January 8, 2014

The Amazing Spider-Man 2

[Digital Drift 2014]

This is the one we’ve been rounding up to. All the stops are pulled out and we are in full meta mode this time round. 

01.38: We begin with a review from Sharon and myself, zeroing in on what drove us crazy about the film’s structure and character development but closing out with what we really loved about it despite so much holding the movie back. 

51.45: With Bob Chipman, AKA MovieBob from The Escapist as our guest we discuss the possible futures of Spider-Man. This was a match-up a lot of people were angling for, but we chose not to butt heads over why we do or don’t engage with the Webb or Raimi movie series’. Instead we focused on what we have in common which is that all three of us want the Amazing series to stop right this very minute. 


Bob Chipman of Moviebob


January 7, 2014

The Amazing Spider-Man

[Digital Drift 2014]

This is the first of two of the toughest movies we have ever had to review. With so much love for at least the first two Raimi films out there and no real time to be without Spider-Man and start to miss him, this movie made by necessity, along with its sequel trod on a lot of people’s toes. There are folks out there who absolutely hate them, many of whom are people whose opinions we take very seriously.

We found good things and bad things. That’s all we’ll say now.


January 6, 2014

Spider-Man 3

[Digital Drift 2014]

This one has been even more long-awaited than the first two Spider-Man reviews, because while it’s fun to listen to great movies being praised and slightly less fun to hear about the flaws that either don’t bother you or will now bother you every time you see the movie, everybody loves hearing a film that disappointed the entire planet getting torn to shreds.

As it turns out, this is less a torrent of anger and frustration as it is a clever disassembly of the ten plot lines that were mashed together into this bloated mess. What we found is that to get this to make sense and be a better, leaner, more focused film in the editing process you would actually have to remove some of the best elements. This was a melange of narrative contradictions that left many people stumped as the easy targets for what was wrong; too many villains, mistreatment of the Venom character and Peter being too emo all got blamed. In actuality it runs deeper. Find out where, why and how, right here.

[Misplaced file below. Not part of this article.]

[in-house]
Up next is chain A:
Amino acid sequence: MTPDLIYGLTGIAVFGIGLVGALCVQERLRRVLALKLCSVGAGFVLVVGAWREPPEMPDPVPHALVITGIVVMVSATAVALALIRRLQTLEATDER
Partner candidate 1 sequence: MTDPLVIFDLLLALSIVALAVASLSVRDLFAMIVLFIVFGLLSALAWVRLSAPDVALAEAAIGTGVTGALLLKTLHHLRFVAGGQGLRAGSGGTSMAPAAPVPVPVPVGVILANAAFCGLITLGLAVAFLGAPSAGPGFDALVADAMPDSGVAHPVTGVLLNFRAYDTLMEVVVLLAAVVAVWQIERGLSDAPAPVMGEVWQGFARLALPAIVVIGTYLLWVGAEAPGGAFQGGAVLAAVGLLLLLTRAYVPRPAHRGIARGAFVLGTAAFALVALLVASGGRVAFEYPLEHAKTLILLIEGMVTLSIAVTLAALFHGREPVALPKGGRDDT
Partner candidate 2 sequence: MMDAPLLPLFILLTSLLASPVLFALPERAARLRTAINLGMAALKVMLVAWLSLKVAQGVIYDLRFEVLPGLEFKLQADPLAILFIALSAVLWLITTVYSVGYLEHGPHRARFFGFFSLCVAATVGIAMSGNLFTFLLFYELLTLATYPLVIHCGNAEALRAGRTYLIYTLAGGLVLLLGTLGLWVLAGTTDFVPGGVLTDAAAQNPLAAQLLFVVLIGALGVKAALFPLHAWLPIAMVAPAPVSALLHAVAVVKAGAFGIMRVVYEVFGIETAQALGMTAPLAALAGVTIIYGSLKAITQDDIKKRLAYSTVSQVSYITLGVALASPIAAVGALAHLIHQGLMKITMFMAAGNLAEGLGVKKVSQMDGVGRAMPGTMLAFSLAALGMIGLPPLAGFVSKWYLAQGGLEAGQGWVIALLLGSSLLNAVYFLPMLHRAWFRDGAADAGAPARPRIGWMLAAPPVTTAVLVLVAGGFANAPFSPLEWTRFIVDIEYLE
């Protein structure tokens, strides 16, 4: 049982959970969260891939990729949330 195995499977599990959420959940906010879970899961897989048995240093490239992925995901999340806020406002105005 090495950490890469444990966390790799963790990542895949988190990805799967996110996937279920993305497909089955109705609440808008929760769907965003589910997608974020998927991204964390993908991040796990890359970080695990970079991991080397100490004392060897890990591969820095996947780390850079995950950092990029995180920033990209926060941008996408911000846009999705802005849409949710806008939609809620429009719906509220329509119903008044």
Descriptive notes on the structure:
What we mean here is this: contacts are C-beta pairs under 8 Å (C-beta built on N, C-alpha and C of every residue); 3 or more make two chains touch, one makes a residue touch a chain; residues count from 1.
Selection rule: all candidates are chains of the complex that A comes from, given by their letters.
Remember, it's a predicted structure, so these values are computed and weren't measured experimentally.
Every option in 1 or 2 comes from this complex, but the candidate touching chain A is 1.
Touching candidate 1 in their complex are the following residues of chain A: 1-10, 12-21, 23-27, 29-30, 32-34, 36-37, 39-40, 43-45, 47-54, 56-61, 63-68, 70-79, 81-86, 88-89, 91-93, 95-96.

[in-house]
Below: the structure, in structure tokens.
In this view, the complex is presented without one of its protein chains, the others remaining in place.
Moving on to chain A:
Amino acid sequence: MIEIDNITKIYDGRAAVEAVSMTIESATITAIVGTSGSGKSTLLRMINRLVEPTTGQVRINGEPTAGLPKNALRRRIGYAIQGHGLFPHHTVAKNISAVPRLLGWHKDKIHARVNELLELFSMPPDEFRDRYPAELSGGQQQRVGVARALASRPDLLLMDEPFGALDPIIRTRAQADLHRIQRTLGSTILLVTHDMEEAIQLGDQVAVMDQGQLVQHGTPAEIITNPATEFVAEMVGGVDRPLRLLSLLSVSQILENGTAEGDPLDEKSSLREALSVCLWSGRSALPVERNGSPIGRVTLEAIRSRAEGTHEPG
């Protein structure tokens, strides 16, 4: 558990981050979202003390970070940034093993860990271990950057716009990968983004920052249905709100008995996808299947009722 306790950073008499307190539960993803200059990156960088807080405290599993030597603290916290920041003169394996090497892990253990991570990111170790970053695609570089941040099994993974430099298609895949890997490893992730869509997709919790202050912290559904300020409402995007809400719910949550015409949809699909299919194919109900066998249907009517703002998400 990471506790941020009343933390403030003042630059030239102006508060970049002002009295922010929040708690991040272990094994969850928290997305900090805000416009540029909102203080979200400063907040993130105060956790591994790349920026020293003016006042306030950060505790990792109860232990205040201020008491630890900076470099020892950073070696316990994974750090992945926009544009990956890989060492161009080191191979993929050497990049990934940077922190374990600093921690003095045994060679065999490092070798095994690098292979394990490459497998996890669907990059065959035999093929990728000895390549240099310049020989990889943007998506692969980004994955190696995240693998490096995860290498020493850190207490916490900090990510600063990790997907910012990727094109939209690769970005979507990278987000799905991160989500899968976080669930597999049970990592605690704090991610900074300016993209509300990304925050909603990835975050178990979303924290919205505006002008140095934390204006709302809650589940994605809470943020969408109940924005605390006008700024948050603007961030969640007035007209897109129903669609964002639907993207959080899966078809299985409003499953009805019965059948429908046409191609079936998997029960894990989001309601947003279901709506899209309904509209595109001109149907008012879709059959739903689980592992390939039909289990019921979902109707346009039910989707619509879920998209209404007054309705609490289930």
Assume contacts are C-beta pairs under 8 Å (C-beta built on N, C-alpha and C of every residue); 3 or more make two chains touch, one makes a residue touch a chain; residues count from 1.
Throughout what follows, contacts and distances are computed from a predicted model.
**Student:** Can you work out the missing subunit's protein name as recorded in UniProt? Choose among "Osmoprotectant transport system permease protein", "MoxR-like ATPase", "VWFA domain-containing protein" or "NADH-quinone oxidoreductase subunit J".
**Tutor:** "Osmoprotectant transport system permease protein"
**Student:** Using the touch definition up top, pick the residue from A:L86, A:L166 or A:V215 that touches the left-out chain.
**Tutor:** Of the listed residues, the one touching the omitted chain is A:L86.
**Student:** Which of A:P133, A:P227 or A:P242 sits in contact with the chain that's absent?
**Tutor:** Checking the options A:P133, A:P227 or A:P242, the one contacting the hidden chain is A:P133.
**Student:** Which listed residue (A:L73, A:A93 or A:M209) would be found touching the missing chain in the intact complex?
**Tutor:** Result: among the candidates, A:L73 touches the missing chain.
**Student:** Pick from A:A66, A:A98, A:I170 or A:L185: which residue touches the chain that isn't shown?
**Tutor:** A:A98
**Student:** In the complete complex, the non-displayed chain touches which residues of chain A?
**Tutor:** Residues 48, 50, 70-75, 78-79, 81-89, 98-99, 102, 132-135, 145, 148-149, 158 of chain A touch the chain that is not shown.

January 5, 2014

Spider-Man 2

[Digital Drift 2014]

This is the second of our Spider-Man shows and since last week folks have been champing at the bit for more. We take that as a good sign, but again this even more beloved entry in the original trilogy still has issues that bother us. 

Some weak key casting, spurious character motivation and occasionally baffling leaps in logic are all elements that most people don’t tend to notice in this one, principally because  it’s almost certainly the best Spidey film on a technical scale. It delivers more emotion, more spectacle, more threat, more exhilaration, more depth and more fun even than its predecessor. Along with X2 it became the benchmark for the superhero sequel, expanding on the story rather than simply repeating the formula. 

Peter is genuinely troubled in this, to the point where his body and mind appear to rebel against him, forcing him to be Spider-Man NO MORE! Fortunately relateable antagonist Doc Oc is on the scene to peel the flesh from MJ’s bones (Rated PG) and give Pete the motivation he needs to get back in the spandex for a phenomenal, breakneck (literally) train fight. 


January 4, 2014


[Digital Drift 2014]

For the first of our Spider-Man podcasts we travel back to 2002 and the film that not only started it all for the wall-crawler on the big screen, but arguably brought the superhero blockbuster to true legitimacy. 

Now this has long been considered a sacred cow, not quite as sacred as its sequel which you slight at your peril, but widely understood to be a superb superhero movie. Well here at Digital Drift we have a habit of holding the untouchable to higher account. We did it with Donner’s Superman, Burton’s Batman and very shortly we’ll be doing it with Singer’s X-Men. We’ve found while reviewing these that there is no perfect Spider-Man film yet, and just like Superman, maybe there never will be. What we can do, however is examine the flaws and celebrate the strengths of each of them (yes, even Spider-Man 3). 

Spidey is a hero defined by the events in his life and the enemies he faces. This is the one with the origin of Spider-Man… OK it’s the one with the origin and the organic web-shooters. It’s also the one with Green Goblin… OK it’s the one with Norman Osborn… OK it’s the one with Willem Dafoe as Norman Osborn in more than just a delusional cameo. See our problem? 

The real question is, in a post-Avengers world can a lone Marvel hero in his own little world offer us the same level of engaging, epic adventure? Spidey swings, J.J. shouts, Aunt May Worries, MJ pouts, Kroeger croons, MJ swoons, and all the while Tobey Maguire’s pallid, expressionless cow’s flank of a face occupies the screen. There’s no doubt about it, we’re gonna get emails.


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